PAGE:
Growing up in a trailer park in Florida with a father in prison and a mother who was a high school dropout, Dawn Ginnetti never considered going to college. In fact, she barely made it through high school.
Today, after a few setbacks along the way, Ginnetti, 36, is an honor student at the elite Smith College in Massachusetts. She was one of just 30 students admitted to Smith, on a full scholarship, through the Ada Comstock Scholars program for nontraditional students. She’s majoring in American studies and plans to go for a doctorate.
Ginnetti’s career goal: to teach in a community college, because it was at Valencia Collegein Florida where her life turned around.
“Choosing to enroll in Valencia College was the best decision I ever made, hands down,” Ginnetti said. All the personal attention, tutoring sessions, peer mentoring and other resources there “were hugely helpful for me,” she said. “I didn’t know how to write a research paper before Valencia.”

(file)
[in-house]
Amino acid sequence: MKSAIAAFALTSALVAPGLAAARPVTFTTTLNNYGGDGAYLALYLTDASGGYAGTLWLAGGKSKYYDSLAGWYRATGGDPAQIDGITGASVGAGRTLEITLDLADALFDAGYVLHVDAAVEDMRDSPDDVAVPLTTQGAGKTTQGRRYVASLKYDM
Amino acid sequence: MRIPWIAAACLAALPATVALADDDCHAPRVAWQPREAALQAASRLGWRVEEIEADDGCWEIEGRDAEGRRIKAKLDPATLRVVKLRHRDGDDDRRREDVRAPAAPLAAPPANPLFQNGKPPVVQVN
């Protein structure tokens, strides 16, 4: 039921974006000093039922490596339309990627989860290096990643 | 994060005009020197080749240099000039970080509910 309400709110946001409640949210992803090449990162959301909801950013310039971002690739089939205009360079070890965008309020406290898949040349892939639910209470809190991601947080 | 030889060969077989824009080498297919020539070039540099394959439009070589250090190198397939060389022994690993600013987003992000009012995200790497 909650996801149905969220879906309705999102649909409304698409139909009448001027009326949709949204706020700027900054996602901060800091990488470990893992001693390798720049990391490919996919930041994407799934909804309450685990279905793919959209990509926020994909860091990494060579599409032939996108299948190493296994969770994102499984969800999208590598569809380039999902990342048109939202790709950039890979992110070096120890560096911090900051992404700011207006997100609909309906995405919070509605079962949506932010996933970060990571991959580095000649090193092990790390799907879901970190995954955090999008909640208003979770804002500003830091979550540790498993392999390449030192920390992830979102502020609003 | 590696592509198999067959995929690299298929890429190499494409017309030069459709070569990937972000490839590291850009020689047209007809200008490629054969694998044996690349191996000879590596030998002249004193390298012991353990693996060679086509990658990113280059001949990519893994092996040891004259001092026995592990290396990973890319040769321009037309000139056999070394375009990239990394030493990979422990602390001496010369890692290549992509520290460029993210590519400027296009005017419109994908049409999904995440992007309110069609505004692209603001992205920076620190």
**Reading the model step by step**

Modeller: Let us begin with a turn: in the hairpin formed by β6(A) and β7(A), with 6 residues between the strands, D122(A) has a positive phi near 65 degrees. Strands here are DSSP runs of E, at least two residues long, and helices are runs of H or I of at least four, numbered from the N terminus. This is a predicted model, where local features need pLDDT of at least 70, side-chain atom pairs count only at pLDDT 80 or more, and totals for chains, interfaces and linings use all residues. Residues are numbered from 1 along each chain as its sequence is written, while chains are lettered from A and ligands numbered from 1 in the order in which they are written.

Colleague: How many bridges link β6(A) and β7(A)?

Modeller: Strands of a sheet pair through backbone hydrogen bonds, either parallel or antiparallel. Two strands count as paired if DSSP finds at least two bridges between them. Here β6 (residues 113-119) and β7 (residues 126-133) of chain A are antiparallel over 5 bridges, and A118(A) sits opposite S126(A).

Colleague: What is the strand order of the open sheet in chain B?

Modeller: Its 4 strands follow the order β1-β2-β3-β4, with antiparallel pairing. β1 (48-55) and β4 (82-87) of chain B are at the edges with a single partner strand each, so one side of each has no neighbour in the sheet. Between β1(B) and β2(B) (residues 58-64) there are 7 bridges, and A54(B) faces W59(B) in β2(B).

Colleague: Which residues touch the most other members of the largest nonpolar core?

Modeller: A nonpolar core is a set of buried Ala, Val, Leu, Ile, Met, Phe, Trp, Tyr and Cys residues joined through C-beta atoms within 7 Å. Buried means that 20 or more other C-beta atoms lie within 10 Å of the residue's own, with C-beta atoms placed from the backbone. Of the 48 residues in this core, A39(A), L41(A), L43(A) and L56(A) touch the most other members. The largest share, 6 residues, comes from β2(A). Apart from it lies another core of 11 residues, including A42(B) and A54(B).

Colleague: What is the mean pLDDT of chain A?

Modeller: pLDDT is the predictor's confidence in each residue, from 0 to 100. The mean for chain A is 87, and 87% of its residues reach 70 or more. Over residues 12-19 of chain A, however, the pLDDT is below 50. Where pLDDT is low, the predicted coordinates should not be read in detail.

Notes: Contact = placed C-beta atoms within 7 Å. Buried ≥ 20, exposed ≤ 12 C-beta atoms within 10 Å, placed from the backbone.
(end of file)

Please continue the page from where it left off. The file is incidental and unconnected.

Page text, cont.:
Ginnetti’s story illustrates the value of some of the strategies community colleges are using to help students succeed.
Other successful approaches cited by Rachel Singer, vice president for community college relations and applied research at Achieving the Dream, include mandatory orientation sessions and student success courses for freshmen and self-paced math modules focusing on individual students’ needs rather than lengthy developmental courses.
“Making that first semester really important will lead to improved retention rates, and ultimately, you will end up with higher graduation rates,” Singer said. <Read more.>